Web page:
State v. Stevens, No. 94,187.

CourtUnited States State Supreme Court of Kansas
Writing for the CourtNuss
Citation172 P.3d 570,285 Kan. 307
PartiesSTATE of Kansas, Appellee, v. Ray J. STEVENS, Appellant.
Decision Date07 December 2007
Docket NumberNo. 94,187.
172 P.3d 570
285 Kan. 307
STATE of Kansas, Appellee,
v.
Ray J. STEVENS, Appellant.
No. 94,187.
Supreme Court of Kansas.
December 7, 2007.

[172 P.3d 575]

Michelle A. Davis, of Kansas Appellate Defender Office, argued the cause, and Heather Cessna, of the same office, was on the briefs for appellant.

Brian P. Duncan, assistant county attorney, argued the cause, and Razmi M. Tahirkheli, assistant county attorney, John Gutierrez, county attorney, and Phill Kline, attorney general, were on the briefs for appellee.

The opinion of the court was delivered by NUSS, J.


Ray Stevens appeals his conviction for operating or attempting to operate his vehicle under the influence of alcohol. The Court of Appeals affirmed his conviction, with one judge dissenting. See State v. Stevens, 36 Kan.App.2d 323, 138 P.3d 1262 (2006). We granted Stevens' petition for review and the State's cross-petition for review; our jurisdiction is pursuant to K.S.A. 20-3018(b).

Between Stevens and the State, they present seven issues on appeal. Those issues, and our accompanying holdings, are as follows:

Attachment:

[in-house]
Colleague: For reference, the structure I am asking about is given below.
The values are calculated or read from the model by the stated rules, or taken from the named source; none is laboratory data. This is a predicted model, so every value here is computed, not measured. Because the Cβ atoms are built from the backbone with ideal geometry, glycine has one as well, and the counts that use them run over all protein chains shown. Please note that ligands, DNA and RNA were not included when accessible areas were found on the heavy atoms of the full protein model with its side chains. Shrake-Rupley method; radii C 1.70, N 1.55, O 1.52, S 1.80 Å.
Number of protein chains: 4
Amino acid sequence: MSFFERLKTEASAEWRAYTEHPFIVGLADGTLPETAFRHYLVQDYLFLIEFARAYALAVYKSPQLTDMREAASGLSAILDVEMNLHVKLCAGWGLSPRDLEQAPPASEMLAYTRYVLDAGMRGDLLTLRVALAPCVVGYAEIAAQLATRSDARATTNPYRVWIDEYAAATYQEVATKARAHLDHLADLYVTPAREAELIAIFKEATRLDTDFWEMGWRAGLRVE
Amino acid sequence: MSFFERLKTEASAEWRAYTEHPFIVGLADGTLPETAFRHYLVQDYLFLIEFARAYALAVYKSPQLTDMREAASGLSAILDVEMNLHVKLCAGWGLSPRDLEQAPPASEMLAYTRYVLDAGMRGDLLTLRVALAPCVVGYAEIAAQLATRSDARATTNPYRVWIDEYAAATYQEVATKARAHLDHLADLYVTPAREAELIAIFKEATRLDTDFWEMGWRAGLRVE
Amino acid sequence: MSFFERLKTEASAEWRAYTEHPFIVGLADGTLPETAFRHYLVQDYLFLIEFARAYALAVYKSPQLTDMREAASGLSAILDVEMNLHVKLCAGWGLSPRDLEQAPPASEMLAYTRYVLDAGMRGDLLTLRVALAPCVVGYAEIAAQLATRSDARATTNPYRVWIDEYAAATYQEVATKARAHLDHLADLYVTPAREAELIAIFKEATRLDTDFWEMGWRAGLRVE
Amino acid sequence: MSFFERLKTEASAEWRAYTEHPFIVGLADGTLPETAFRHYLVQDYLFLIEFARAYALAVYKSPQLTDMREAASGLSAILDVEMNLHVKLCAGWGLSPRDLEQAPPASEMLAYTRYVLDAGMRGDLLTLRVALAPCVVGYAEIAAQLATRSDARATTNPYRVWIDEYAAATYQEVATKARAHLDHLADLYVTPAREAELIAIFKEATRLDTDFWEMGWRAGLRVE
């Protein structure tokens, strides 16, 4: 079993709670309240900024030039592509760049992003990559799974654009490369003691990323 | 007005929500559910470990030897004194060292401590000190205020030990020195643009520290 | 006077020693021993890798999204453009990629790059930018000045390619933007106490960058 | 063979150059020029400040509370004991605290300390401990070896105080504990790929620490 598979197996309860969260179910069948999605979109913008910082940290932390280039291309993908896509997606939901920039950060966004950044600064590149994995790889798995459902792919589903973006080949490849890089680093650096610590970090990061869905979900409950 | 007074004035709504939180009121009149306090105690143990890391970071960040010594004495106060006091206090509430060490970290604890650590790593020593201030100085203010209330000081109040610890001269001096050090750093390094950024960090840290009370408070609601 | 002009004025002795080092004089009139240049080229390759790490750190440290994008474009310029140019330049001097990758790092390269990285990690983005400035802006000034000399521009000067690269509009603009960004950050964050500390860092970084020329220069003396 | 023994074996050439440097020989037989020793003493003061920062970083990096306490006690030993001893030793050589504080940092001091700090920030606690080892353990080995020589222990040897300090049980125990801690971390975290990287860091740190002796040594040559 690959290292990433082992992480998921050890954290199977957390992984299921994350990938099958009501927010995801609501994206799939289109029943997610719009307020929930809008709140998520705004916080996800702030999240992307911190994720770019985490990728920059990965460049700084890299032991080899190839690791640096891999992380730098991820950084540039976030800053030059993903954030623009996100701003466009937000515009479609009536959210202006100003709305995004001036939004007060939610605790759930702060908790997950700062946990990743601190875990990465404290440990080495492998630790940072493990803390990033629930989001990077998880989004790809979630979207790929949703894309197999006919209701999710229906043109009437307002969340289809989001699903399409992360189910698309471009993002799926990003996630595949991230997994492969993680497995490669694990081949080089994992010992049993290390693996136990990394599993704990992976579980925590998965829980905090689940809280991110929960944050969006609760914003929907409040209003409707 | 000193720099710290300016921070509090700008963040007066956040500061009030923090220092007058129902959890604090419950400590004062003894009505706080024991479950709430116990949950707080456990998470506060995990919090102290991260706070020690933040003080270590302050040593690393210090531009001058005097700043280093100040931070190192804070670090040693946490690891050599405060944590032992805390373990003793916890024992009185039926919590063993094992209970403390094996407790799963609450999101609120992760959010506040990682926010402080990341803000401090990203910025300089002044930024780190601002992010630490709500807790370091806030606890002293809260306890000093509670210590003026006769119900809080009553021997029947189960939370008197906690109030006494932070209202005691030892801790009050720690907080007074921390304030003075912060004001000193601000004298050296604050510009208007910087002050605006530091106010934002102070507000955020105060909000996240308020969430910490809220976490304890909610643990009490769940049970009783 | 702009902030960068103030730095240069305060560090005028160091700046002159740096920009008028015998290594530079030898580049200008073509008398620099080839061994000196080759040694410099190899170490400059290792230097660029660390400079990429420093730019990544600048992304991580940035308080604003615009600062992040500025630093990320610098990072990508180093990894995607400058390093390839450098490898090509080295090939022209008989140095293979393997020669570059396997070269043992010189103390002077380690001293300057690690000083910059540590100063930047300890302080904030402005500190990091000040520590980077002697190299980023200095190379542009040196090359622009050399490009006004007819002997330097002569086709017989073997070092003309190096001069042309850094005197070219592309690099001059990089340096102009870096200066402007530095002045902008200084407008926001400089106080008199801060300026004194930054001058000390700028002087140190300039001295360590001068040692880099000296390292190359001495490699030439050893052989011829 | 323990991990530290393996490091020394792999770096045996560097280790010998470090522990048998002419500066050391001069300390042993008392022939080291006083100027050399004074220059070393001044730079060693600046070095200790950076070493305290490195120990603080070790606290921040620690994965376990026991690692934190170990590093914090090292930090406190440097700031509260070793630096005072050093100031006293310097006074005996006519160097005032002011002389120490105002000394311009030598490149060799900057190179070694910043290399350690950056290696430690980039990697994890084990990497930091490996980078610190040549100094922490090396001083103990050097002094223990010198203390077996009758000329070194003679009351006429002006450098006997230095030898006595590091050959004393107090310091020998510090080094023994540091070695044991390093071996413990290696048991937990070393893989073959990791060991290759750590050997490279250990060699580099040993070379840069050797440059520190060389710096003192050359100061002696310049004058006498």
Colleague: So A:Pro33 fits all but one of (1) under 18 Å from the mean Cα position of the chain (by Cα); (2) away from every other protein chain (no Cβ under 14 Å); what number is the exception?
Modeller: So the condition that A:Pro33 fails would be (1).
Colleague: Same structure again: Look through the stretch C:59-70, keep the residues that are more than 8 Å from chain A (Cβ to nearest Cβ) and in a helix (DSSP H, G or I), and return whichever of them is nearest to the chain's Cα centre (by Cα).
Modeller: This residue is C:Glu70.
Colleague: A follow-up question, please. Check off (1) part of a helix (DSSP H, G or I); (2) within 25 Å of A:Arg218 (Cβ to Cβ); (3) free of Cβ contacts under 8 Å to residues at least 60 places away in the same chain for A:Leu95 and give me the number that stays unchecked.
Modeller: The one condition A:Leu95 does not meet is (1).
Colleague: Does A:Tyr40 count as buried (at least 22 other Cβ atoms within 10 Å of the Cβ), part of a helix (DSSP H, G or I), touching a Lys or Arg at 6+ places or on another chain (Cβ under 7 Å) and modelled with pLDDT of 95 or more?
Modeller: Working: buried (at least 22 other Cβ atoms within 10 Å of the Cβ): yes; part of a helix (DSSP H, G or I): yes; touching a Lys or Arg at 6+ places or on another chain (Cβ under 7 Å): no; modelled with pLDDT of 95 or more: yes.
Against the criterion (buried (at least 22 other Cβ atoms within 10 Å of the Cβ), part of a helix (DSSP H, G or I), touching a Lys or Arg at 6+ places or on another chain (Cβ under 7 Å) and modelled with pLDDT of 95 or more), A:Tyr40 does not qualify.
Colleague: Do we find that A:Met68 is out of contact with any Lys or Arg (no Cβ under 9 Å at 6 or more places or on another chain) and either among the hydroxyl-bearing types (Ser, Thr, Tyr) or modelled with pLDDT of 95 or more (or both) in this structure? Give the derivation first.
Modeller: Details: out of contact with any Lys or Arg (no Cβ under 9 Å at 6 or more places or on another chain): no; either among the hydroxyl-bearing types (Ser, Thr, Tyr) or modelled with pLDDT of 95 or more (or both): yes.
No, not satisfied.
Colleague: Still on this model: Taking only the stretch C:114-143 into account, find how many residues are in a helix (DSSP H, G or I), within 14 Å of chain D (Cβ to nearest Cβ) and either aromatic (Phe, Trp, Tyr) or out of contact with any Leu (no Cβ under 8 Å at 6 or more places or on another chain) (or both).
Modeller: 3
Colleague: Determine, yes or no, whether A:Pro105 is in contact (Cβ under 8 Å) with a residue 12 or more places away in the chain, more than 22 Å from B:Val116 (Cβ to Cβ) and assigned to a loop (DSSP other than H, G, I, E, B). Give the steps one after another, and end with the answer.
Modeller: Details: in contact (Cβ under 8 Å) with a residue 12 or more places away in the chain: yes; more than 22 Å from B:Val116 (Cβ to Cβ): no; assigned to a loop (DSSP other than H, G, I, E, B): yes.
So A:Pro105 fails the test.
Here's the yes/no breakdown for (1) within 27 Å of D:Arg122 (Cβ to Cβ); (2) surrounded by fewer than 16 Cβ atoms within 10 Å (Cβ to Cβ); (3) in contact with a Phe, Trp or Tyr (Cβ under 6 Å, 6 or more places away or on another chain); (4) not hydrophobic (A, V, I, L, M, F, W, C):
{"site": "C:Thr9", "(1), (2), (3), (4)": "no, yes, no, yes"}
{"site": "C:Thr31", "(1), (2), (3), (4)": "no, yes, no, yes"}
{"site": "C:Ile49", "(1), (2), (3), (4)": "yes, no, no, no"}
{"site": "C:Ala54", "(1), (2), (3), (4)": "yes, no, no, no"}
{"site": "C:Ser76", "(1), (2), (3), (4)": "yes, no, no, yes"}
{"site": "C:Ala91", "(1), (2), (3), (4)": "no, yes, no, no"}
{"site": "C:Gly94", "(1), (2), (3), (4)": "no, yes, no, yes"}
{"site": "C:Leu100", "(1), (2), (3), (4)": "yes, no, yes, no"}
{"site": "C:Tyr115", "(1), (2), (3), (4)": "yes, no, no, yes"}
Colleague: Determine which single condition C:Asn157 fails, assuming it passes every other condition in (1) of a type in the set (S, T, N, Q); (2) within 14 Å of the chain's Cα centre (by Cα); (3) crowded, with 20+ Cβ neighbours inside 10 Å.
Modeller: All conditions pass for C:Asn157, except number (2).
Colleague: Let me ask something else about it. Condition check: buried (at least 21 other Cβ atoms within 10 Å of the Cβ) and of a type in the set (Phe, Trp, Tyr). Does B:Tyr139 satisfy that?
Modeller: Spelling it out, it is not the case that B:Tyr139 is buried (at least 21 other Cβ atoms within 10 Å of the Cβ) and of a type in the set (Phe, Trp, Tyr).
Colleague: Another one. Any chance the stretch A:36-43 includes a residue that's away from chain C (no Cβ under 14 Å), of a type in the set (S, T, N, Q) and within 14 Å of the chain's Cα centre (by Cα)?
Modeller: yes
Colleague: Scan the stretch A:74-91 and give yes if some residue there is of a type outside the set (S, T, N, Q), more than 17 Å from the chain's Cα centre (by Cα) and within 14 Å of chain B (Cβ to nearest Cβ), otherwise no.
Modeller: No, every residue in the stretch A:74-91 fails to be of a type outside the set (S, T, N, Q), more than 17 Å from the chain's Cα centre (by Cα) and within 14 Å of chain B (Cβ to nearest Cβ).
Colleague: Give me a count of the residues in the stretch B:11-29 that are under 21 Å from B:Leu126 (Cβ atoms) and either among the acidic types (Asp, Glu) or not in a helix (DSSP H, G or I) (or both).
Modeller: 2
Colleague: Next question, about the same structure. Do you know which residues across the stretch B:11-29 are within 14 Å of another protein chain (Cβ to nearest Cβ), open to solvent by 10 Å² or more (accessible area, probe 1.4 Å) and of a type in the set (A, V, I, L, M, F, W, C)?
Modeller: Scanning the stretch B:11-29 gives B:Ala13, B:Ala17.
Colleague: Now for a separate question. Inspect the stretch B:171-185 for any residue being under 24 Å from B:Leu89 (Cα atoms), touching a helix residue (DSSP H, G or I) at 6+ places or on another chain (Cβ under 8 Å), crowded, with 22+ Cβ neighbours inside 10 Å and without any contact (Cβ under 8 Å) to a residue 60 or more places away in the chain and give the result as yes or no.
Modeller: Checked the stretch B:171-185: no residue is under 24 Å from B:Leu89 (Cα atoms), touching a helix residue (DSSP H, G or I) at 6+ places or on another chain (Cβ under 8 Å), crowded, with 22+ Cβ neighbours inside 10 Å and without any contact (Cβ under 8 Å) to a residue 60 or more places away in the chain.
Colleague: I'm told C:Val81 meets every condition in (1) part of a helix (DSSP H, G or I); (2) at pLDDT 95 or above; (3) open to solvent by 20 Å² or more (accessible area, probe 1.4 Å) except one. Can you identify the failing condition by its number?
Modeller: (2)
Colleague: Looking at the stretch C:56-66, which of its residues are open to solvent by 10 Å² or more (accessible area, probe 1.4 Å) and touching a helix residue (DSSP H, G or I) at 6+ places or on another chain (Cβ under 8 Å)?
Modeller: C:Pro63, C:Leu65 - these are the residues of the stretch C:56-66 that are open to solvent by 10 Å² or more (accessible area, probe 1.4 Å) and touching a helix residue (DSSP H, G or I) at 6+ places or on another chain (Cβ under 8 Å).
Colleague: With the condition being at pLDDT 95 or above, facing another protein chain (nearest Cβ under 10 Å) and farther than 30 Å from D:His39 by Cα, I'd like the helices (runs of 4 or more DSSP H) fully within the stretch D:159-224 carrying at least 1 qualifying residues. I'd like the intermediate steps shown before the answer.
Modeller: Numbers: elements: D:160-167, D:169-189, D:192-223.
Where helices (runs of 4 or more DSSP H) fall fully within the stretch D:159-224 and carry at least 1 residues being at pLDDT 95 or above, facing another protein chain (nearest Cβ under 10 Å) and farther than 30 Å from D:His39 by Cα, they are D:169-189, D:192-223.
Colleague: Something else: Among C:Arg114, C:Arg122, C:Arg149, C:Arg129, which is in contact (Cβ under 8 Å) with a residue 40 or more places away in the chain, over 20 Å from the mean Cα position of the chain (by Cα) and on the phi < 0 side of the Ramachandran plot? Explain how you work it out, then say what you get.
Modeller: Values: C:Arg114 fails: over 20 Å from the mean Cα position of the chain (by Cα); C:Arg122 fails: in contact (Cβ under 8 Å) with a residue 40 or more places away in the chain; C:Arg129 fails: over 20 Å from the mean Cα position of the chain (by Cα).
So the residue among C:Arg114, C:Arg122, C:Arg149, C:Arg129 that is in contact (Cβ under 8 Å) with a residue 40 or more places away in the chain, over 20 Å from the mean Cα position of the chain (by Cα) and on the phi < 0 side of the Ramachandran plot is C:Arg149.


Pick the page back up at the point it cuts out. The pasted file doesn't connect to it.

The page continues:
1. Did the district court err in failing to require the State to elect either (a) operating or (b) attempting to operate as the theory of prosecution, thus depriving Stevens of his right to a unanimous jury verdict? No.

2. Did the district court err in refusing to grant Stevens' motion for a new trial based on the admission of the deficient breath test results? No.

3. Did the district court err in refusing to grant a continuance based upon the State's failure to produce records of the deficient breath sample as well as the maintenance records of the Intoxilyzer 5000? No.

4. Does sufficient evidence support Stevens' conviction for driving under the influence in Crawford County? Yes.

5. Did the district court err in admitting Stevens' confession into evidence? No.

6. Did cumulative error deprive Stevens of his right to a fair trial? No.

7. Did the district court err in ordering Stevens to pay attorney fees to the Board of Indigents' Defense Services (BIDS) before taking into account his financial situation? Yes.

Accordingly, the judgment of the district court is affirmed regarding issues 1-6; the judgment regarding issue 7 is reversed and remanded for further proceedings as directed in the opinion. We affirm the Court of Appeals.

FACTS